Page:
People had better be prepared. When Ma promised that his government would produce some positive results on the economic front within one month, and when he talks about his legacy, what he is aiming for is not economic prosperity and social stability for Taiwan and the well-being of its people. Rather, he is in a hurry to confirm his definition of China and Taiwan as “two areas of one country” and to do even more than he already has to consolidate a framework built around the “one China” principle, so that Taiwan will be firmly locked into it. That is why Ma does not care if people call him incompetent, heartless or ignorant, or if people complain that the government is only good at spending money and making workers pay the bill. This president, whose approval rate has sunk to below 20 percent, seems determined to turn his fortunes around by pursuing what Jia called more “positive” policies with regard to China.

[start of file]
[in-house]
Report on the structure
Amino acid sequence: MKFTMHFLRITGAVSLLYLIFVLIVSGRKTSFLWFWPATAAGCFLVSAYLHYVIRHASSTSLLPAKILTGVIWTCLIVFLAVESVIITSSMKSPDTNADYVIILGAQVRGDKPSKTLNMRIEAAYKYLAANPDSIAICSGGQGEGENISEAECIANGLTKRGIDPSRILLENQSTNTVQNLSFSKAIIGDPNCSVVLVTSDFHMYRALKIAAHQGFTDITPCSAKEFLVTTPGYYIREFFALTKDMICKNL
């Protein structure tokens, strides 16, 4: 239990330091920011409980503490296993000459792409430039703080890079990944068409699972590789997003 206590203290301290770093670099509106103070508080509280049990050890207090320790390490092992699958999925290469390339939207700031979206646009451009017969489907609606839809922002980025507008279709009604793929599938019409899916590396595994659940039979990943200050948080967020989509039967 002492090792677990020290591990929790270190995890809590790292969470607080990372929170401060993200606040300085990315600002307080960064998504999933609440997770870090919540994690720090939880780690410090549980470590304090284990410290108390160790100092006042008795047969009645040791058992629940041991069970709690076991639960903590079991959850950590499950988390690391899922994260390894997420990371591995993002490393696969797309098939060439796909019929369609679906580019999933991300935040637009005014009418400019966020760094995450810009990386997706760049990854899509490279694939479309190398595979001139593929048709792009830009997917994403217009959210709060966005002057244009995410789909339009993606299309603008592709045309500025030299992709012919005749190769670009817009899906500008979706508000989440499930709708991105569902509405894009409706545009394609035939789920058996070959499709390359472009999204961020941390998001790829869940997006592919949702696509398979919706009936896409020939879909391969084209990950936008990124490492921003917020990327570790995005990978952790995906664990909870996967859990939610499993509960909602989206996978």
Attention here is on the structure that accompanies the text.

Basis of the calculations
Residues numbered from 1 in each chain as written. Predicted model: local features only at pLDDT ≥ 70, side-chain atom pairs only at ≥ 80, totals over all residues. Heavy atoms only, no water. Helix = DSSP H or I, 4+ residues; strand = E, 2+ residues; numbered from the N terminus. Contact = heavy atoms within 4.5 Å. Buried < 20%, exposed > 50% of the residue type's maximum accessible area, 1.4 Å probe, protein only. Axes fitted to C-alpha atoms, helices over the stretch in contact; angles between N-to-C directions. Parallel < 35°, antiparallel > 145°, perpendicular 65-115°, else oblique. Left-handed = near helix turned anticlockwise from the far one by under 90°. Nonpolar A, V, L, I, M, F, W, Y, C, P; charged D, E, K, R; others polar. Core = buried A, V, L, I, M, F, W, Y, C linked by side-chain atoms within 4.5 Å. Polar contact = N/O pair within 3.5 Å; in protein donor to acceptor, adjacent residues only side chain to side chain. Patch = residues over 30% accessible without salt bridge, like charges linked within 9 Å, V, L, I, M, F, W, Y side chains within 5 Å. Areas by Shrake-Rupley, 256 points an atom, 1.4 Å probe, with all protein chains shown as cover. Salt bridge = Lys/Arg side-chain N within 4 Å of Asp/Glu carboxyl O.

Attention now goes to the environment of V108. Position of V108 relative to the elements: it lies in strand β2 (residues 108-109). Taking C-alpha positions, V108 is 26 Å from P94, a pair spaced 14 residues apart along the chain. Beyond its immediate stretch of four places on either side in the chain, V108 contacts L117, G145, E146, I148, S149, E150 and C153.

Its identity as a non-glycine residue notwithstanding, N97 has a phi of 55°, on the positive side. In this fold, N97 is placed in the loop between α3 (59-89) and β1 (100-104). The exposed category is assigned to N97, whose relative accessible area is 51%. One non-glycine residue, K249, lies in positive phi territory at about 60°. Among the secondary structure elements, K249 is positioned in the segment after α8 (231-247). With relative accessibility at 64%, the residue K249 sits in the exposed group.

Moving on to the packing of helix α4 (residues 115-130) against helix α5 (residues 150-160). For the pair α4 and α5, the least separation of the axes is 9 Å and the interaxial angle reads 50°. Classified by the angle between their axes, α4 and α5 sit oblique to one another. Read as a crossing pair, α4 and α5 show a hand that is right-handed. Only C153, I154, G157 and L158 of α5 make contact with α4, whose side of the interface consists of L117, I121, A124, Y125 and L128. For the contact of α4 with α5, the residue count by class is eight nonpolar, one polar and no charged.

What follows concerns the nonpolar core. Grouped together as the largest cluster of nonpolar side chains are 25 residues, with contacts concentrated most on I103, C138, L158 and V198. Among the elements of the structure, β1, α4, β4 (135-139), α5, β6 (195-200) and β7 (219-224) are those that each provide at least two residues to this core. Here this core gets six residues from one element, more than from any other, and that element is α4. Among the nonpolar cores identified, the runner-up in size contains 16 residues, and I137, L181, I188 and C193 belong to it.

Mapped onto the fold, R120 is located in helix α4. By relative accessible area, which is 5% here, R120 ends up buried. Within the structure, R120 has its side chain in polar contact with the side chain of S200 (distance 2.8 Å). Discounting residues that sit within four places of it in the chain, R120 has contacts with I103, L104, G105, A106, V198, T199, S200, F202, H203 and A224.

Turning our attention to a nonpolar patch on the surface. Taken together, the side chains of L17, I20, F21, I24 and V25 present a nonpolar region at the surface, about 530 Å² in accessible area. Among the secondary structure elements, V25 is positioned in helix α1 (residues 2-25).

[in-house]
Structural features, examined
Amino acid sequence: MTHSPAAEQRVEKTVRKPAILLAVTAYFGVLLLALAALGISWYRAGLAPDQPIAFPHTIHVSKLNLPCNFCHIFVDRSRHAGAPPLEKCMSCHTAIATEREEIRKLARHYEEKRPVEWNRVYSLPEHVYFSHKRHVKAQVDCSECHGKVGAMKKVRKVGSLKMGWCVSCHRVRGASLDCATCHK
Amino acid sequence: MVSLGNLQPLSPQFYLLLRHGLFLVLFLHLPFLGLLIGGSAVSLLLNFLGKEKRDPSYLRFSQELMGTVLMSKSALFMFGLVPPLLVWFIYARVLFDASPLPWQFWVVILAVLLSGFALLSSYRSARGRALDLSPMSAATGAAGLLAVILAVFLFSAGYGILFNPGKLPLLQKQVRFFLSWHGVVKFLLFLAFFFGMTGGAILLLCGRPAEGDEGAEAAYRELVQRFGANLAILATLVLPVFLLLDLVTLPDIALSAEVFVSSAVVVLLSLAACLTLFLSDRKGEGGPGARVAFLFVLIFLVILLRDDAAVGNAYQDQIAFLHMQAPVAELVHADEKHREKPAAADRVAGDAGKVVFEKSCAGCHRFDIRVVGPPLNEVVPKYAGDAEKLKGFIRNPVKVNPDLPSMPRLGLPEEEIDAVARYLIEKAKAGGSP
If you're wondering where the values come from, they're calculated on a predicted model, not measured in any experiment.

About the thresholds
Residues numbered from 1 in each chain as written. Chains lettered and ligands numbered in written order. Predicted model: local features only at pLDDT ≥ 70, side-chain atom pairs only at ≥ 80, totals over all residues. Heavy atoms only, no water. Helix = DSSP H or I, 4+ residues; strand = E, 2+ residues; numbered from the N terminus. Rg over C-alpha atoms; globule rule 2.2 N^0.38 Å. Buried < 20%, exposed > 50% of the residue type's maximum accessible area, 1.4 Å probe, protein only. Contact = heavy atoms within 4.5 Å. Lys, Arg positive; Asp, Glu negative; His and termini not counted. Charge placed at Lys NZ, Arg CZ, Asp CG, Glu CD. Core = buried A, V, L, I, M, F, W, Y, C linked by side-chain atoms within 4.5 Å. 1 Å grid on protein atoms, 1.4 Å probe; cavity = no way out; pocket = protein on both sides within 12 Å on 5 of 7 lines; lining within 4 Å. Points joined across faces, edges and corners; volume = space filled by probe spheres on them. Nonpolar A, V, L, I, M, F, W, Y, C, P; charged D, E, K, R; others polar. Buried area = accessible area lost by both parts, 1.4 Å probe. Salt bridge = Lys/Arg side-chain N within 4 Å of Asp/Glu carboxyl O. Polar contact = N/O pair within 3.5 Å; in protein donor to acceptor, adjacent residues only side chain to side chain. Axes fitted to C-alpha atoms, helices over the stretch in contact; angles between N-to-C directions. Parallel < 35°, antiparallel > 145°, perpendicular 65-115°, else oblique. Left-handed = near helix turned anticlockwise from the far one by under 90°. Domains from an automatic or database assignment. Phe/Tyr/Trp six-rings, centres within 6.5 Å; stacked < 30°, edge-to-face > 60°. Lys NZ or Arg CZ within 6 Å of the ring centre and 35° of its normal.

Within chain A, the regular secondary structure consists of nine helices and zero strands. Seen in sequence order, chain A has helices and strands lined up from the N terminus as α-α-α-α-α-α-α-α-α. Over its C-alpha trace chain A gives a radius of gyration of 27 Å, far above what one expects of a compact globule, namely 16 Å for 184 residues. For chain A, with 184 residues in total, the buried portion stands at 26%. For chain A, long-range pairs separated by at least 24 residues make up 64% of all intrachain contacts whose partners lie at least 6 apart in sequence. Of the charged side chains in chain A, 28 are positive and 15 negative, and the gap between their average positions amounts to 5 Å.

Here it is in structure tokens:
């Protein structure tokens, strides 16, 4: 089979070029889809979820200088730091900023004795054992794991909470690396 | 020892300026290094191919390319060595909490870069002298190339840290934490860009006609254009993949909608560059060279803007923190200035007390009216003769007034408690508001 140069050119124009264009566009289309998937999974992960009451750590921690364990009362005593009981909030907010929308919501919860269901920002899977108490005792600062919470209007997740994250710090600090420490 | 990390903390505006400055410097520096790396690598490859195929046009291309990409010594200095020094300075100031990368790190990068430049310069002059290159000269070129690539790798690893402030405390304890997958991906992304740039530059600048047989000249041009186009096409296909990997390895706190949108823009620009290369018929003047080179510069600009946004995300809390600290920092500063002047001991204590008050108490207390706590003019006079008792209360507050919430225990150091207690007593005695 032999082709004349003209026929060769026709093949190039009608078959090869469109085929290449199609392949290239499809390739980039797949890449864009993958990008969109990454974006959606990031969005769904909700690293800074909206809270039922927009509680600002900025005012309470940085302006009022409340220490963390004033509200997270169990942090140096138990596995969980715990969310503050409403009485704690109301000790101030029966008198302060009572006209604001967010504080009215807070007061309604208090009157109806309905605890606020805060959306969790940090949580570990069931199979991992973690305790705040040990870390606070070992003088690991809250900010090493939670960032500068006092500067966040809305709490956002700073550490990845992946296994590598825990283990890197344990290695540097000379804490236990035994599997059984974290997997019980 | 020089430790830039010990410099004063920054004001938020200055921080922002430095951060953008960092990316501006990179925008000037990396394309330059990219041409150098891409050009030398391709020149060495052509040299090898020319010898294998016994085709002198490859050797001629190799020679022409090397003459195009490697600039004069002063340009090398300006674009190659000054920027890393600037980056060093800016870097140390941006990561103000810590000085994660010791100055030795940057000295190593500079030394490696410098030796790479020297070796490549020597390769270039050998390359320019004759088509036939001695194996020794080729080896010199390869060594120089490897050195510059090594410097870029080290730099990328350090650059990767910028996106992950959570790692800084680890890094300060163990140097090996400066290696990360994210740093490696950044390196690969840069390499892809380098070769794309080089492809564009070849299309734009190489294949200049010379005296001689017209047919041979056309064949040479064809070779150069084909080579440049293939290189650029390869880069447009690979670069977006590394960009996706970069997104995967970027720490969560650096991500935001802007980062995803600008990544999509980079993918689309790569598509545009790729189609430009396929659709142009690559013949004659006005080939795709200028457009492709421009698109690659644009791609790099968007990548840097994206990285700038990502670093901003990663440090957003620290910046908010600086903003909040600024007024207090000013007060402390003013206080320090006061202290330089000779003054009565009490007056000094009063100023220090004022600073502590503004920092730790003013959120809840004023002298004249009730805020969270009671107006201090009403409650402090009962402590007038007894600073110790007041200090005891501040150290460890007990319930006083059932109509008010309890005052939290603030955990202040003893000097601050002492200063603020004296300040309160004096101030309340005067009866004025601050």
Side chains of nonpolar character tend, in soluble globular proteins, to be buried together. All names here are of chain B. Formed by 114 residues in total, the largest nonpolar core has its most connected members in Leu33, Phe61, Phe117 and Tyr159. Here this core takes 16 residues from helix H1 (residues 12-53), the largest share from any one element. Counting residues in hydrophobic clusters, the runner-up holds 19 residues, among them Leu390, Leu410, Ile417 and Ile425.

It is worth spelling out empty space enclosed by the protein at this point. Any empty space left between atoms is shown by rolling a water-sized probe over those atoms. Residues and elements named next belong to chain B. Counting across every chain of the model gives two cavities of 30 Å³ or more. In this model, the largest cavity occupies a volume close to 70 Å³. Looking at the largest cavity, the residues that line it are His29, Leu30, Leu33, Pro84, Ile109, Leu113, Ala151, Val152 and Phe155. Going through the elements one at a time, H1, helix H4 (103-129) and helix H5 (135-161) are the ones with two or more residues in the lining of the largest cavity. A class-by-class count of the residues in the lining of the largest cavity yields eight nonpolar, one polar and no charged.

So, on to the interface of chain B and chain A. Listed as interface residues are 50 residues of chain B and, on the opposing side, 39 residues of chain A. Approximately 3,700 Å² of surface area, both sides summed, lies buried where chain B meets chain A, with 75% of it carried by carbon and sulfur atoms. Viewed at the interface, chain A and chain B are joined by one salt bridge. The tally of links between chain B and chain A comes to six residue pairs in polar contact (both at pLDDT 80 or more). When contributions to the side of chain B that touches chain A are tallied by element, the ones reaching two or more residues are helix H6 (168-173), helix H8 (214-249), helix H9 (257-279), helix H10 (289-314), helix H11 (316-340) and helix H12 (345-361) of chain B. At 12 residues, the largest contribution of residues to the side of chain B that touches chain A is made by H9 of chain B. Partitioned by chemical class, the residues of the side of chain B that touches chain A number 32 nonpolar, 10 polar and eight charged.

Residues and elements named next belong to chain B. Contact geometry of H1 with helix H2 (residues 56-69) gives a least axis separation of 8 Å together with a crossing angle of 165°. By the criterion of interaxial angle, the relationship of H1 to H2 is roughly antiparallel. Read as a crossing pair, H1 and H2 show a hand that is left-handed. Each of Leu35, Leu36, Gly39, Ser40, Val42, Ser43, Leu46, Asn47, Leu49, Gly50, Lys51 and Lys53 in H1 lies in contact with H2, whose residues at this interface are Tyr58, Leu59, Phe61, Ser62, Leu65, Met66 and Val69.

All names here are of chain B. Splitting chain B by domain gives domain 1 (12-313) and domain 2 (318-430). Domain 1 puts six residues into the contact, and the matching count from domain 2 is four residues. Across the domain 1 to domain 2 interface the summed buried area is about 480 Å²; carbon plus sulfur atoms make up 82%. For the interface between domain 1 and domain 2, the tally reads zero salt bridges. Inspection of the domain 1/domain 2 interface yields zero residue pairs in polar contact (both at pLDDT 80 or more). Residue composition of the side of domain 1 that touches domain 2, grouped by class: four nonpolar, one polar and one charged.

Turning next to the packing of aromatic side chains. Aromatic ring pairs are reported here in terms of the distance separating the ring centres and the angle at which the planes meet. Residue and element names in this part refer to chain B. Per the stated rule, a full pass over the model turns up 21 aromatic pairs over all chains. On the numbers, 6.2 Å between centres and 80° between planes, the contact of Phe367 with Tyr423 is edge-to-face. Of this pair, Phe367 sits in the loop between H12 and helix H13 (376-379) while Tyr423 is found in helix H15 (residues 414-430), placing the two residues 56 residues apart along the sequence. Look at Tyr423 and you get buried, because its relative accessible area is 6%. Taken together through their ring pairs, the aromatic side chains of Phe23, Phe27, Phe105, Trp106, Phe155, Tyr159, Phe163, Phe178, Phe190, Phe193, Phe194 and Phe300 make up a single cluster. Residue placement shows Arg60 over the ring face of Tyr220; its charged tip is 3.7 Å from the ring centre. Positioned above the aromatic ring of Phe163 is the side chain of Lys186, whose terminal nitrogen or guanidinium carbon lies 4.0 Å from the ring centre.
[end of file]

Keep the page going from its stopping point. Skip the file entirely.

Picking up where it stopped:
For Ma, turning his fortunes around means making sure that the vast majority of people who are dissatisfied with his performance end up the losers, while he comes out as the final winner. What that means is that Ma will continue to do nothing to solve Taiwan’s most serious problems — economic depression, high unemployment and falling real wages. He will not do anything to save our labor and national health insurance schemes from bankruptcy or to stem the preferential welfare perks enjoyed by armed forces personnel, civil servants and teachers. Young people will still not be able to afford to buy homes or have children.
If life is hard for people in Taiwan, that is not a problem for Ma, because it will actually make people more psychologically prepared for unification with China. That suits Ma because he wants to keep on rushing headlong toward the goal of eventual unification, which he thinks will make him go down in history as a hero of the Chinese nation.
As time passes, China will anesthetize Taiwan with economic morphine. A Taiwan whose economy lies in tatters will be in no fit state to resist China’s economic extortion. As for Ma, he is set to enjoy a comfortable life paid for by Taiwanese taxpayers after he steps down. Ma must be laughing to himself to see how easily fooled Taiwanese people really are.
Translated by Julian Clegg